Becoming an author

Getting a book published is possible. Author Rachel Grunwell shares advice and her journey to getting a publisher to say “yes”.

Words: Rachel Grunwell. Photo: Alice van Schaik

I’m on the edge of a dream. I’ve published my first book Balance: Food, Health + Happiness. You can buy it in actual, real-life bookstores, or via my website inspiredhealth.co.nz. I’m. Beyond. Excited.

The coolest part of the journey? The day a publisher said “yes we’ll back your book!” I jumped for joy. And cried. I didn’t do the jumping or joyful sobbing in front of the publisher. I did wait until I got home to unleash that! Promise.

I also got emotional when someone bought my first book. Yeah, that got the tears out too.

The worst part of writing my book? That was half way through the project. I was so overwhelmed by the mammoth task that I almost gave up. I wrote it on top of juggling a wellness business and my family.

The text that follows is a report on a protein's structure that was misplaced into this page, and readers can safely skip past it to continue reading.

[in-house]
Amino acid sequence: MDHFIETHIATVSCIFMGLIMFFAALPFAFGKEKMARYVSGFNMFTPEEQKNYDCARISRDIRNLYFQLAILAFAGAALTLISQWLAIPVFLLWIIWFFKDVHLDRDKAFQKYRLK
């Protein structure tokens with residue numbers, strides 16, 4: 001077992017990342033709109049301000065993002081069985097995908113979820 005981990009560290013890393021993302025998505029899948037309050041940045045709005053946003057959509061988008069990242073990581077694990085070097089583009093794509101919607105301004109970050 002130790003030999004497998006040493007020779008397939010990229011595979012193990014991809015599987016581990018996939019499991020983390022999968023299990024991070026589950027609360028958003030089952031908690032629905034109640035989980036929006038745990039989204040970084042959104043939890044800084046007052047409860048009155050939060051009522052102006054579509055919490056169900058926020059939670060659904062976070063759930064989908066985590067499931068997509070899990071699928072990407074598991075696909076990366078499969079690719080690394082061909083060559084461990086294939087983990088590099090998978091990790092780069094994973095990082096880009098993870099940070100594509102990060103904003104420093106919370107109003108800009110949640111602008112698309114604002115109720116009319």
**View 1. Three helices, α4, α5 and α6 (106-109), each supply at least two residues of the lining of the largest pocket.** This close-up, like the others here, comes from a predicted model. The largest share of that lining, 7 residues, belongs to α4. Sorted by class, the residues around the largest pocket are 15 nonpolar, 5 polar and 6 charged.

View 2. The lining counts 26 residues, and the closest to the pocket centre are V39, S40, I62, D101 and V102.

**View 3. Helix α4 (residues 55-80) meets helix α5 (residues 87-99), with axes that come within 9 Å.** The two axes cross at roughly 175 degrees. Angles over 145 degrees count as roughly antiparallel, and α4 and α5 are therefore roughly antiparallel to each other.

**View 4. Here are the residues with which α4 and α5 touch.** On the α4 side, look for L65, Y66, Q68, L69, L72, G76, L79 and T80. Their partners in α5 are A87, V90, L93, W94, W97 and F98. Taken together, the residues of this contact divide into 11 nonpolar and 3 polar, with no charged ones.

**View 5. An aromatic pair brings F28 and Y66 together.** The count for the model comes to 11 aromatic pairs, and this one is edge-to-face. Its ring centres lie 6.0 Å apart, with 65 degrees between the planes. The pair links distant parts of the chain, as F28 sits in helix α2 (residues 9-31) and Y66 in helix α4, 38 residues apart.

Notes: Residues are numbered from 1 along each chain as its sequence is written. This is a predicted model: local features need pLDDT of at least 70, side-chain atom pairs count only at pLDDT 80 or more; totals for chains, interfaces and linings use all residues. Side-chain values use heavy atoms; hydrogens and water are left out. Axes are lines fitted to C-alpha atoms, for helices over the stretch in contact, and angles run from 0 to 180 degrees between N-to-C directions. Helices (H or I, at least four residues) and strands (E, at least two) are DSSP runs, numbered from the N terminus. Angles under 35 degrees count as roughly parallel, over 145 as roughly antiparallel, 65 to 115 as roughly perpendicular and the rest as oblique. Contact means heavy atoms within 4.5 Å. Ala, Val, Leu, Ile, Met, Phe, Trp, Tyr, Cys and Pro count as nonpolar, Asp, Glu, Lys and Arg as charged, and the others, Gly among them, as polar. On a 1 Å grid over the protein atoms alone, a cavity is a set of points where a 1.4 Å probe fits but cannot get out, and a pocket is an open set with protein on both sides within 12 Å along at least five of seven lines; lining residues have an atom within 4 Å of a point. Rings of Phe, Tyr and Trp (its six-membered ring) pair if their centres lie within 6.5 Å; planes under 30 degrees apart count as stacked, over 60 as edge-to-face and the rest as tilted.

I’ll be clear: Writing a book is no easy task. But if I can do it, you likely can too. By sharing my journey, I hope you’ll learn some lessons from my mistakes and hurdles along the way. After all, everyone has a book in them, right?

I’m often asked: “how hard was it to get a publisher?” My first piece of advice is to expect knock backs. Even a lot of successful authors experience this. So, never give up on the dream. Just listen to advice closely that you get on the way.

I’ll be honest that my first book idea several years ago never got off the ground. Two publishers considered it. This included a big publisher in New Zealand, and another in America. Not enough people voted for it when it came to the crunch at a board meeting in New Zealand. While, in America, it got past the first pitch and to a skype chat with a team member, but no further. The rejection was humbling. But now I look at these hurdles as an absolute blessing.